… is from page 144 of my Mercatus Center colleague Dan Griswold’s excellent – and now more relevant than ever – 2009 volume, Mad About Trade (footnotes deleted; link added):
Success in the global marketplace requires winning the trust of strangers, proving reliability, and cooperating with people of different language, culture, ethnicity, and race. The late Pope John Paul II, in a 1991 encyclical called Centesimus Annus, described the global economy as a sphere of activity where “people work with each other, sharing in a ‘community of work’ which embraces ever widening circles.” In this expanding economic community, the pope observed, a market system encourages the virtues of “diligence, industriousness, prudence in undertaking reasonable risks, reliability and fidelity in interpersonal relationships, as well as courage in carrying out decisions which are difficult and painful but necessary, both for the overall working of a business and in meeting possible set-backs.” As markets expand across borders and into new regions of the world, those “bourgeois virtues” increase at the expense of such vices as sloth, mistrust, duplicity, prejudice, and xenophobic nationalism.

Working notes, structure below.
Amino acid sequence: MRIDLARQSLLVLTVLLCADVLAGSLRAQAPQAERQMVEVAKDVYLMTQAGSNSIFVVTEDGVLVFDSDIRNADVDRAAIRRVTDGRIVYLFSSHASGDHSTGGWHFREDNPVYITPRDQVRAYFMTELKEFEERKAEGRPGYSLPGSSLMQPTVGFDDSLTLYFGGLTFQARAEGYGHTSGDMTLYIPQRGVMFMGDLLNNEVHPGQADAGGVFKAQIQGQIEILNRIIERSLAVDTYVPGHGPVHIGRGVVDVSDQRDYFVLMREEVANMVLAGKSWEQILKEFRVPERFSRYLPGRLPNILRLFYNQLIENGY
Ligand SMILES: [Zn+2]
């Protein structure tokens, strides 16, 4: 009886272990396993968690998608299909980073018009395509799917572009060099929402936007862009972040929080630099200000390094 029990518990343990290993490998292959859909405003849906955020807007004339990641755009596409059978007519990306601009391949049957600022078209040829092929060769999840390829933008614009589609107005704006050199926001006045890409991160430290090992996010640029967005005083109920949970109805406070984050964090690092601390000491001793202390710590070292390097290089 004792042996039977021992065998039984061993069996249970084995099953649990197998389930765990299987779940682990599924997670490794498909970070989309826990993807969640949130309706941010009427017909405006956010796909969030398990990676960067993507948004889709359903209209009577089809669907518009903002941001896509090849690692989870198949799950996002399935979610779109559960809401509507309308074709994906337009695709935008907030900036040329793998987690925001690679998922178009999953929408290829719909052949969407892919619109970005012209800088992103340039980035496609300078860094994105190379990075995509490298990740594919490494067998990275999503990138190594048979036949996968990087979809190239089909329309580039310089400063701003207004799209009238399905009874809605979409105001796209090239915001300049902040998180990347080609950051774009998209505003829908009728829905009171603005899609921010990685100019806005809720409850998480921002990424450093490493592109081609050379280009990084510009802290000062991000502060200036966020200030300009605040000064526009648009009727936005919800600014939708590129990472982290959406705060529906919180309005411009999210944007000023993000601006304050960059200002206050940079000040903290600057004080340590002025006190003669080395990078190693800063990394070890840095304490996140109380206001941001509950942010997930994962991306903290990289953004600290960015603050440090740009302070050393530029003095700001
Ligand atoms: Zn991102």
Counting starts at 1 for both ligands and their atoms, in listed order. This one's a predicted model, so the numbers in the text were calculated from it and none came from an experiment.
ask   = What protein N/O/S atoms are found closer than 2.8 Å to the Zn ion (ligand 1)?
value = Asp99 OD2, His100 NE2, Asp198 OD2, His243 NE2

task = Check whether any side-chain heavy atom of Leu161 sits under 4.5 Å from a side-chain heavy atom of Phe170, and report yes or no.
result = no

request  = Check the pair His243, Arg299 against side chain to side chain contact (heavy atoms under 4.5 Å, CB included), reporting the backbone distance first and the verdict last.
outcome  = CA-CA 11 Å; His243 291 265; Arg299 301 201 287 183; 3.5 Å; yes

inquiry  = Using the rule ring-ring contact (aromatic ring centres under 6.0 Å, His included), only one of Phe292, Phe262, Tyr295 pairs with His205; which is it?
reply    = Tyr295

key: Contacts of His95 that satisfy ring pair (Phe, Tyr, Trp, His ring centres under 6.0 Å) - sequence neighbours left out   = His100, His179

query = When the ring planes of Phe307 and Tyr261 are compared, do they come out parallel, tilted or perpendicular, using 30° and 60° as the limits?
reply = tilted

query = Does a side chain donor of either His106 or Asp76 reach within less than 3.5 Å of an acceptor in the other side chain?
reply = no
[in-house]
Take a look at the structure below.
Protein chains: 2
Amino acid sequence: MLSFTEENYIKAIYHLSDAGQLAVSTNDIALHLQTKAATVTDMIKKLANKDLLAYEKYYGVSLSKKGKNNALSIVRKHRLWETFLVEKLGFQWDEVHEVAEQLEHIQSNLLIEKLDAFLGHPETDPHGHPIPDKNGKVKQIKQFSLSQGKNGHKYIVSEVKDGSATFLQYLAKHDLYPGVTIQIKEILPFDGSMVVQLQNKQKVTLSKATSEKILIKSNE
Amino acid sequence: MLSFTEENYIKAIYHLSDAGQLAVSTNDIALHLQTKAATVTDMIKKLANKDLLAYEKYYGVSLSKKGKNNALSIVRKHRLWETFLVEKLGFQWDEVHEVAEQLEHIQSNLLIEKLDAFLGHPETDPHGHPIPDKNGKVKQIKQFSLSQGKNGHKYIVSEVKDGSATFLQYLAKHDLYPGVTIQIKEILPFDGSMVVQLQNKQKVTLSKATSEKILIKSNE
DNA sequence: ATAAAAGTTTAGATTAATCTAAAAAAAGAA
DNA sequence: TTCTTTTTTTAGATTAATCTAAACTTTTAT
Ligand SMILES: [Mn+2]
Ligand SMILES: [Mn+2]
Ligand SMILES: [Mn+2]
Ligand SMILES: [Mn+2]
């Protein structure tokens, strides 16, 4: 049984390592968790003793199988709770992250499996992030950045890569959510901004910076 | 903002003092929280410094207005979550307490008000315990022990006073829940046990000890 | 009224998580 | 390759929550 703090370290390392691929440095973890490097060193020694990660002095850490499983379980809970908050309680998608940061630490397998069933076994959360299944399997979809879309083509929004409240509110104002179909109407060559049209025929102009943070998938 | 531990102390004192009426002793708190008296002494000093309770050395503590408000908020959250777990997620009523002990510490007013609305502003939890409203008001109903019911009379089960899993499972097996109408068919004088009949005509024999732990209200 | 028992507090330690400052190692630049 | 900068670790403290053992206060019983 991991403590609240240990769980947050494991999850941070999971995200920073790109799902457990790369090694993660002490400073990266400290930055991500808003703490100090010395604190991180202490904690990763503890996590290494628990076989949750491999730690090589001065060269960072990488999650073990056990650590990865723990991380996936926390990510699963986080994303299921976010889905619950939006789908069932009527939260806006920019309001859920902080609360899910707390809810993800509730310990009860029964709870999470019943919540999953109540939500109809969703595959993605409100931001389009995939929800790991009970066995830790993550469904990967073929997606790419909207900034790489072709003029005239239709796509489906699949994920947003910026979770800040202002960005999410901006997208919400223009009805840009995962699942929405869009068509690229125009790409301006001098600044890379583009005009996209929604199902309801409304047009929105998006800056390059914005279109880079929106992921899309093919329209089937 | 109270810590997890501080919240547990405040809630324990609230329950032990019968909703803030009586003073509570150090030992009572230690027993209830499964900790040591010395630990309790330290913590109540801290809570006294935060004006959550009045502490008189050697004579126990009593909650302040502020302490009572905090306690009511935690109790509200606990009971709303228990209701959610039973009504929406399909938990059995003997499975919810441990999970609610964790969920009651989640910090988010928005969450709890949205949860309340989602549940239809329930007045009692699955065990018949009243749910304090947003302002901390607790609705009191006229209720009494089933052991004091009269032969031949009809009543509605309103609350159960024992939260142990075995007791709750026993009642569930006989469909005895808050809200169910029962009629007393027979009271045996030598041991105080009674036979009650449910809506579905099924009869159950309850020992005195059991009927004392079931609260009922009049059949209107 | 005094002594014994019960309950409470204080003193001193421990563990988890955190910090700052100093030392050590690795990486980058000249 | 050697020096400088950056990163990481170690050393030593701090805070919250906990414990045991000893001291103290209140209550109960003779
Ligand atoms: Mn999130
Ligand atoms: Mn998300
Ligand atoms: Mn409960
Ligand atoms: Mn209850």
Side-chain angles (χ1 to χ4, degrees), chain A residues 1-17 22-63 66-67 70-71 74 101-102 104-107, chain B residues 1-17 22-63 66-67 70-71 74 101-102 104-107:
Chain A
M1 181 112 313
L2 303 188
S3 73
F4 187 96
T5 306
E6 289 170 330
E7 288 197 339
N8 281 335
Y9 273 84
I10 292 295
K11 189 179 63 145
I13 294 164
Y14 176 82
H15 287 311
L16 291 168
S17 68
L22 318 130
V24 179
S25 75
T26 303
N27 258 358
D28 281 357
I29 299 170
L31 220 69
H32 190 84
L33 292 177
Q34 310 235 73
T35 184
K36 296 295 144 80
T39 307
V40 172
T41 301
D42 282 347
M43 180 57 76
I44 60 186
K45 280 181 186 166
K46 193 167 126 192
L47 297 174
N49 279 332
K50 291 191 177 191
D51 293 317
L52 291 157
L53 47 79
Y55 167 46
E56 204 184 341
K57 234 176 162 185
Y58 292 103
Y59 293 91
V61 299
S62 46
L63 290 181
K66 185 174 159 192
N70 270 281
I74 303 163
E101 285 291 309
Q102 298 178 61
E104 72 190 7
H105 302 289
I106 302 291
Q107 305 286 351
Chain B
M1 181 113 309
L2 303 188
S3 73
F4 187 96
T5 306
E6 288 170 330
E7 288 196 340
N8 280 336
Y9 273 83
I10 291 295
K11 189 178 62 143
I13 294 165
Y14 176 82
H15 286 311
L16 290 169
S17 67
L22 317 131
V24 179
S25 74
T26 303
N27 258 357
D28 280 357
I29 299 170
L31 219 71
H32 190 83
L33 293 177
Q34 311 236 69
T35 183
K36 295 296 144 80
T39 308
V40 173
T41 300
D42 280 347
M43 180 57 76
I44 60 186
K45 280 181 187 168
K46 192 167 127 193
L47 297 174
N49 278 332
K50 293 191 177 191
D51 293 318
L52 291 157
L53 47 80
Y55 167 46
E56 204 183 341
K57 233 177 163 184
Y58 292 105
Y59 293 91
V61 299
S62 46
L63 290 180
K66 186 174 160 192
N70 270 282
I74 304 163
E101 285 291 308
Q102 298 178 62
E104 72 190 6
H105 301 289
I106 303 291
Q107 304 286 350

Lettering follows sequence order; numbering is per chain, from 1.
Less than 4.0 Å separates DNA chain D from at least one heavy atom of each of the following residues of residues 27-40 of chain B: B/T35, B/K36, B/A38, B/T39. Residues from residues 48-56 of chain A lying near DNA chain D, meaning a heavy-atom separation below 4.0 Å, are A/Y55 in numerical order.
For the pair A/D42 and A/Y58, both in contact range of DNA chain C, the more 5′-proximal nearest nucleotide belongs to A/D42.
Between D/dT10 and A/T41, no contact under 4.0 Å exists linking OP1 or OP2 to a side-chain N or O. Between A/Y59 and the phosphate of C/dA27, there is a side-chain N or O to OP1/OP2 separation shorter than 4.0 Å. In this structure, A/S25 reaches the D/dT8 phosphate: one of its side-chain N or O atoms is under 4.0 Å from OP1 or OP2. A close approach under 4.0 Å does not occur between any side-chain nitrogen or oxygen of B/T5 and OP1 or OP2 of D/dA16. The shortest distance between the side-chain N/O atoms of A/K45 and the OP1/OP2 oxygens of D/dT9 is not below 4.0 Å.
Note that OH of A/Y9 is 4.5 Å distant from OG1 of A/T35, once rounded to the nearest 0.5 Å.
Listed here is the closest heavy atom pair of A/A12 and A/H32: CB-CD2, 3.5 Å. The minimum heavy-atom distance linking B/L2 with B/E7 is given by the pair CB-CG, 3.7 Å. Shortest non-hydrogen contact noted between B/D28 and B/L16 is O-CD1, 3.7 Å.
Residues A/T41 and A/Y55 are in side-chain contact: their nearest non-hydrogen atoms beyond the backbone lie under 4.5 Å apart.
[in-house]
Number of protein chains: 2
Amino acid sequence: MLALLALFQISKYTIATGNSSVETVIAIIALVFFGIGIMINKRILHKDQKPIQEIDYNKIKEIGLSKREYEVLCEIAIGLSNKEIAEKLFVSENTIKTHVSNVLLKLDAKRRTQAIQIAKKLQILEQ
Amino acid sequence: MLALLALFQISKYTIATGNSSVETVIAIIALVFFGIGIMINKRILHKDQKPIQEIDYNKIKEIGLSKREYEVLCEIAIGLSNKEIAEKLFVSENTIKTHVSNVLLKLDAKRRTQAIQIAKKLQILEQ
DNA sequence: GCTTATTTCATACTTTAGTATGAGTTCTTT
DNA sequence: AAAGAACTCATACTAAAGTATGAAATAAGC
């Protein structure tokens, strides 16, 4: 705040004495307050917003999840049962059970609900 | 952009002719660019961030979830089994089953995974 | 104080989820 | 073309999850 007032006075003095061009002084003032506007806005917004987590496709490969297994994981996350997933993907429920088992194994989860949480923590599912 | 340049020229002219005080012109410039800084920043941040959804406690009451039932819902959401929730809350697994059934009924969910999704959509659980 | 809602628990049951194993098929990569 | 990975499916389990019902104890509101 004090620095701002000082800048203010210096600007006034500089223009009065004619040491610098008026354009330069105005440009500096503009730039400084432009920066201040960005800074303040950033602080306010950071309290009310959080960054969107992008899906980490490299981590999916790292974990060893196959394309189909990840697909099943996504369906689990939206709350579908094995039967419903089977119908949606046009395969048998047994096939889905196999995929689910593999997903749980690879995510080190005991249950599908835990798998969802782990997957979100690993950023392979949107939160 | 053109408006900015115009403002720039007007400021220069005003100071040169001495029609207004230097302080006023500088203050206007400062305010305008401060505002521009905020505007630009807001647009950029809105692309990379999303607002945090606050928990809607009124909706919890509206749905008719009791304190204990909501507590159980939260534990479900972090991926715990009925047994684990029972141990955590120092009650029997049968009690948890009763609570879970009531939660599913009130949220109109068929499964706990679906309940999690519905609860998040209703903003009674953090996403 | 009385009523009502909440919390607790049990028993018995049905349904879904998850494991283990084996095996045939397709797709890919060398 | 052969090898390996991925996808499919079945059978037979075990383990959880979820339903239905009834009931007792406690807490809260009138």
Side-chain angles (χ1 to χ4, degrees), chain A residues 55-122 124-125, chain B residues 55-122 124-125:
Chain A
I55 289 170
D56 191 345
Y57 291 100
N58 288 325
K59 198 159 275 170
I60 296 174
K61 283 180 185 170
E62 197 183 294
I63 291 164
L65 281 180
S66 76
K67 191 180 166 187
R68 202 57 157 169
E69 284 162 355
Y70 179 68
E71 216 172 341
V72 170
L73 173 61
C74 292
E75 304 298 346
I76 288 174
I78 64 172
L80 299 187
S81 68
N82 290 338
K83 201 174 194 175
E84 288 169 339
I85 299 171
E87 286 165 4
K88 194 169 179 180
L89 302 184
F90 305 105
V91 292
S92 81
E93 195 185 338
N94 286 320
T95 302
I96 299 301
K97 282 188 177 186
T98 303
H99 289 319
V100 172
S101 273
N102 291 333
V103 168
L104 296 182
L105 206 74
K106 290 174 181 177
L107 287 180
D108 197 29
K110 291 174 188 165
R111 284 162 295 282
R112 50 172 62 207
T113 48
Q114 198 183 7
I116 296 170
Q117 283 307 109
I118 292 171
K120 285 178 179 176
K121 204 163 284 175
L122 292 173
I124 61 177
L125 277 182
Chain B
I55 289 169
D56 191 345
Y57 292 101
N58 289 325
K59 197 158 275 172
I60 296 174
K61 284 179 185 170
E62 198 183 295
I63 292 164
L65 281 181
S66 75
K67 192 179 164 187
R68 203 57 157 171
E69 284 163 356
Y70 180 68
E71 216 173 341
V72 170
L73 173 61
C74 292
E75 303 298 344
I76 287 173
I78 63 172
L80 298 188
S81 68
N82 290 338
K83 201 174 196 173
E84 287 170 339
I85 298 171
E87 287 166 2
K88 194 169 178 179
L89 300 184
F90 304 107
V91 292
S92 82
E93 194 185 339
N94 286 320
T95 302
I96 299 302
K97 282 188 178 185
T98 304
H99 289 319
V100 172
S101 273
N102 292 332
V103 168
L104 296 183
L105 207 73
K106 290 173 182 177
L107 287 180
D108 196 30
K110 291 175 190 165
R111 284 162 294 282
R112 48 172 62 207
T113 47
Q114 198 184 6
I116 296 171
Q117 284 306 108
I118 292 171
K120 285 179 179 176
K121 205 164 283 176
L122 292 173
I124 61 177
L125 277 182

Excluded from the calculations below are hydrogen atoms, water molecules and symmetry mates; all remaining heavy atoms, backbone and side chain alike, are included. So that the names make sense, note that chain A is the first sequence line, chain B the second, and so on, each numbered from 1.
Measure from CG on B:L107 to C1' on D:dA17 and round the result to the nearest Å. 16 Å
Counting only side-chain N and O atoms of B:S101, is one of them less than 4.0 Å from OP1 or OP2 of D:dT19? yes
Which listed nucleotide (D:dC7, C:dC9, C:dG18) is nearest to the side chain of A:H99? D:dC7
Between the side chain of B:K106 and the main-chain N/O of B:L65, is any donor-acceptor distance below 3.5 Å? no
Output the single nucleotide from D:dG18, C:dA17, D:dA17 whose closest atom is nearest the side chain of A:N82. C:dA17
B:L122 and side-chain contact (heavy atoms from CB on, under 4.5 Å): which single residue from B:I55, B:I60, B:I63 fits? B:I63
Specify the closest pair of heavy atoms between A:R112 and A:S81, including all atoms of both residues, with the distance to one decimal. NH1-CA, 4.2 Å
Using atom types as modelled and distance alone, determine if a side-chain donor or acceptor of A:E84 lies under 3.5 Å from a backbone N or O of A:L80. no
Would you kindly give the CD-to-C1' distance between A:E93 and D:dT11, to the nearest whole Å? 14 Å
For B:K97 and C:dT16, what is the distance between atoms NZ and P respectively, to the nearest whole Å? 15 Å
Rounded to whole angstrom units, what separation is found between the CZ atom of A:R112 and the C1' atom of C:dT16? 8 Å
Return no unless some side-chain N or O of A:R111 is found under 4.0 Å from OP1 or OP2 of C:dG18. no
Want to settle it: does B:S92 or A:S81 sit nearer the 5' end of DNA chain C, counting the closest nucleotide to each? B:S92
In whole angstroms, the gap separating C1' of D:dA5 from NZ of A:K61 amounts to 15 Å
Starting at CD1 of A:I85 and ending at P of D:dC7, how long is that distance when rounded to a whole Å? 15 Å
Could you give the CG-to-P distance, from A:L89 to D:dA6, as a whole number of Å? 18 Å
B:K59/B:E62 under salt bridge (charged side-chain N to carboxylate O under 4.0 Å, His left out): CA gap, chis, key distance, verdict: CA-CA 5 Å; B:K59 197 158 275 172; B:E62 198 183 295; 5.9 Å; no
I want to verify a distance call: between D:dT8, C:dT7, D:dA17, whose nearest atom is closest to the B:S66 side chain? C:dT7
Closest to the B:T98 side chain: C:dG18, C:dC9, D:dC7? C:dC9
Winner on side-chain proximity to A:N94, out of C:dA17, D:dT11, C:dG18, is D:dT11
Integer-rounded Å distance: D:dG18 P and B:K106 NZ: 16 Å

DBx: Trade is civilizing. Therefore, man-made obstructions to trade are man-made obstructions to civilization. Protectionism is uncivilized. Protectionism is a policy pushed by barbarians and brutes.